Road safety campaign group Safe Speed has drawn attention to research by the prestigious British Medical Journal (BMJ) which highlights "an important and fundamental omission".
The BMJ paper contains no new research, according to Safe Speed. Instead it analyses available research for content, quality and conclusions. Safe Speed said it broadly agrees with the paper's main conclusions, which are:
- Speed camera research tends to find a benefit "at speed camera sites".
- The quality of the research is very poor.
Safe Speed said it has long been drawing attention to the very poor quality of available research.
Paul Smith, founder of the Safe Speed road safety campaign said, "The main reason for the poor quality of the research seems to be the influence of vested interests. Much of the research has been commissioned by those with an interest in the outcome and this has led to some very bad science.
"However the report completely ignores the factors that we consider the most important. Speed cameras don't just slow us down, they alter the way we think and the things we pay attention to. Most drivers report a very significant shift in the way that they drive in the speed camera era - they pay far more attention to the risk of cameras and the number on the speedo. There is no justification for this change in priorities -- the squandered driver attention to the road ahead is far more important to road safety any general speed reduction.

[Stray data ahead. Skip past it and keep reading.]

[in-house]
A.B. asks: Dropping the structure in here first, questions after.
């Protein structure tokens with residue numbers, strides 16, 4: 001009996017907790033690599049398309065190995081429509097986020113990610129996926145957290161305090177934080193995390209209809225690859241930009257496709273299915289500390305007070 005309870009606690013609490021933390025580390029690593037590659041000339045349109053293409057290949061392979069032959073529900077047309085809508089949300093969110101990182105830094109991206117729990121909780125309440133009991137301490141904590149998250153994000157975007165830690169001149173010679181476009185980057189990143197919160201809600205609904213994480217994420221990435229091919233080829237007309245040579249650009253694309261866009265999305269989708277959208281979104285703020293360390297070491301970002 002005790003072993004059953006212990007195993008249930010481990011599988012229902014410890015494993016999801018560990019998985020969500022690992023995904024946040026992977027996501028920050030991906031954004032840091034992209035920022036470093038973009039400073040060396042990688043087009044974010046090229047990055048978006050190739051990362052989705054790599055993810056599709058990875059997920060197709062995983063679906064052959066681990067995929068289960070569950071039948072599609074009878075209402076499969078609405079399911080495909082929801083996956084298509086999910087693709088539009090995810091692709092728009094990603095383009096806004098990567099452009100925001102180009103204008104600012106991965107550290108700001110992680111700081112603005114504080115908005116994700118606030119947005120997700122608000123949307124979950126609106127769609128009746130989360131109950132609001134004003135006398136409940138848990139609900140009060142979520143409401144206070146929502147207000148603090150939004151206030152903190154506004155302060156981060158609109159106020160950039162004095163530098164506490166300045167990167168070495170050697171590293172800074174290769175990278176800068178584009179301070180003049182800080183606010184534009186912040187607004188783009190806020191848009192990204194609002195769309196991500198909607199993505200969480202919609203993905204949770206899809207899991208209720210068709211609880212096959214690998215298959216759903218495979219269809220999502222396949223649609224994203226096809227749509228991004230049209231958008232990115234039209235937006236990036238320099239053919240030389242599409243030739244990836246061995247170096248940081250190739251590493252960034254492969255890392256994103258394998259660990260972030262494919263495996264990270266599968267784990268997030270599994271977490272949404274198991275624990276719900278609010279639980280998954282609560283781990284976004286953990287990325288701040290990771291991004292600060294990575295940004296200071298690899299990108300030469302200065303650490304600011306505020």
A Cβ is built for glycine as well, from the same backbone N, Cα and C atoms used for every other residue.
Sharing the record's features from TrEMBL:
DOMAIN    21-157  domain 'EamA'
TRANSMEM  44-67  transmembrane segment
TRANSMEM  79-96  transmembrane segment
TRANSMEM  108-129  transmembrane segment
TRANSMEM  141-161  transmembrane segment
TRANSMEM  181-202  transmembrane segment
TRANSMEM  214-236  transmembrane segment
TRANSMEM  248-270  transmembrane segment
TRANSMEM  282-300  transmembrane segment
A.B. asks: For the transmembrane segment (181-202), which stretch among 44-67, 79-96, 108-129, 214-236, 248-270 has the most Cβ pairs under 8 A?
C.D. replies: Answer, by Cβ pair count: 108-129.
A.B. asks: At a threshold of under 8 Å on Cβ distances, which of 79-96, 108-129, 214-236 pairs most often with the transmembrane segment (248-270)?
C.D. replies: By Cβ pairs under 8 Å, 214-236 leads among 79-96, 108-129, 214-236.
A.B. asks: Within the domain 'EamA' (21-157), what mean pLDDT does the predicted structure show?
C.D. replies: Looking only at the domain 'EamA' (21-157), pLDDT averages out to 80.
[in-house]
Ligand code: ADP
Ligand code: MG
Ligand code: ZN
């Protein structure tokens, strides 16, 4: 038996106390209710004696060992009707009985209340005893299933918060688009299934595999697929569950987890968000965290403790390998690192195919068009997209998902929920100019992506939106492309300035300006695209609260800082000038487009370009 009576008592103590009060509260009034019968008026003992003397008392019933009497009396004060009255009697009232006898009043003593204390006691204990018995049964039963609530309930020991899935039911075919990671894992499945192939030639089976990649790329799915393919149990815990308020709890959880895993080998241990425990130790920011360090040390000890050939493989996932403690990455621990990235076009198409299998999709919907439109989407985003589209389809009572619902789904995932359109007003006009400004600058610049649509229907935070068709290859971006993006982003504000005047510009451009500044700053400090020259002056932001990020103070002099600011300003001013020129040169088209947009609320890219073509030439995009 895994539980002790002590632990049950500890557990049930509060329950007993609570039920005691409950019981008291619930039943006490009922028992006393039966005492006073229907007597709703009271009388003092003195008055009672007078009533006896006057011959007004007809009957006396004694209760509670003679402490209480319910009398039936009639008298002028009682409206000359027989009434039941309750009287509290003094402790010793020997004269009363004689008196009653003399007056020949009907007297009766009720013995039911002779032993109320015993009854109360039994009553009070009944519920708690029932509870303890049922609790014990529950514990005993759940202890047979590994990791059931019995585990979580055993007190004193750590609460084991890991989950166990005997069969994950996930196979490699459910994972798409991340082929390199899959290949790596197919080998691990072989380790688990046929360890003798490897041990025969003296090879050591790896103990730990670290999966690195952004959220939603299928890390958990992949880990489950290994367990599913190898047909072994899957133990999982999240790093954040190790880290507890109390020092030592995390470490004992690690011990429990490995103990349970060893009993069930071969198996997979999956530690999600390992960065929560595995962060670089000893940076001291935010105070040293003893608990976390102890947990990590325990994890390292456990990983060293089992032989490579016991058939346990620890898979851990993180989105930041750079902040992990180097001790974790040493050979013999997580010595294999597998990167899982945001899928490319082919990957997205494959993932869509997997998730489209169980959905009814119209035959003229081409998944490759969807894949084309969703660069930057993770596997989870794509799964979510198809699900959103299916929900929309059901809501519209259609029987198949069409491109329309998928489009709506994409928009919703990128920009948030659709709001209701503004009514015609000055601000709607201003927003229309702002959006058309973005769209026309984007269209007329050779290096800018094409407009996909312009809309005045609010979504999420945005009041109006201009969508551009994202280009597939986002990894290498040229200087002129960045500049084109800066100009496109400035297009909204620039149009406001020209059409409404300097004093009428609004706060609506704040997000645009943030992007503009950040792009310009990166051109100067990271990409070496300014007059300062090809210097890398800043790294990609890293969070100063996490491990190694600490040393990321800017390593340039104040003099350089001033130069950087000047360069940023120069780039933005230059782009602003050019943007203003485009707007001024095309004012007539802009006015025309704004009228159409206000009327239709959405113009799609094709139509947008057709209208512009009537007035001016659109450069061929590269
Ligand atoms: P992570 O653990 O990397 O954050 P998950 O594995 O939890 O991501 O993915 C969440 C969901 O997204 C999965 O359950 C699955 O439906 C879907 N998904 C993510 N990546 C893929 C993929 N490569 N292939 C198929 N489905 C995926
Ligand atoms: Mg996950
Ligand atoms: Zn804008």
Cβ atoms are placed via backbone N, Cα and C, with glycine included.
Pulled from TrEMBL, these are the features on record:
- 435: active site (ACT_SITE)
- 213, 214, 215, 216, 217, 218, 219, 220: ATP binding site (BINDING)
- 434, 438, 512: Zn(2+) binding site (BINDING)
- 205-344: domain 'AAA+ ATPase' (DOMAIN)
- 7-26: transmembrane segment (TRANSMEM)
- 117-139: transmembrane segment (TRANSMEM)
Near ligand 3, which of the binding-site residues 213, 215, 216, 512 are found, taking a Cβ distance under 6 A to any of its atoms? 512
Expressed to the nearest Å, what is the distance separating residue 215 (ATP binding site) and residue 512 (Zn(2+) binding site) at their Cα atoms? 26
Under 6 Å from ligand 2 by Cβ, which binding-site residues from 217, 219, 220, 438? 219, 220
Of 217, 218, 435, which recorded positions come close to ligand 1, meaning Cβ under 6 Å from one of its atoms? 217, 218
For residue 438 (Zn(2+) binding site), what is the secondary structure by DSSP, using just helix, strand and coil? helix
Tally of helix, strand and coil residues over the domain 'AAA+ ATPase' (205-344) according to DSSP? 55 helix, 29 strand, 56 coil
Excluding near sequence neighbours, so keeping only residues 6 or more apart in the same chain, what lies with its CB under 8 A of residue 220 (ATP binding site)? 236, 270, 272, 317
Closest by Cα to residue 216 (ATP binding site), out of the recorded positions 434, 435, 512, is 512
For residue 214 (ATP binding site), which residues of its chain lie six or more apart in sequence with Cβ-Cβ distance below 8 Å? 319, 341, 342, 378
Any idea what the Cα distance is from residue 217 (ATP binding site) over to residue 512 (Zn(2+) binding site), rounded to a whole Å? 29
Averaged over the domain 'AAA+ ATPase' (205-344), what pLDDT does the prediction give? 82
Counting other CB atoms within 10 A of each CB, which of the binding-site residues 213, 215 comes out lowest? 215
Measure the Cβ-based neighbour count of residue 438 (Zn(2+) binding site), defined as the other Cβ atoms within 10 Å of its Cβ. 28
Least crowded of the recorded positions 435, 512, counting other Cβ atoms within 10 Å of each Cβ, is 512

"It is clearly insufficient to consider the effect of cameras on crashes at speed camera sites. We must also consider the effect on the wider road network.
"Do not make the mistake of thinking that such effects are insignificant. Yes, in any individual the effect is small, but the net effect on 32 million drivers has already cost 8,000 lives according to our best estimates."
Safe Speed reckons that speed cameras are not making the roads safer. "They alter the way we think when we're driving and not for the better. We must scrap all speed cameras and get back to the excellent road safety policies that gave us the safest roads in the world in the first place. Those policies were based on skills, attitudes and responsibilities, and those are the things that really matter."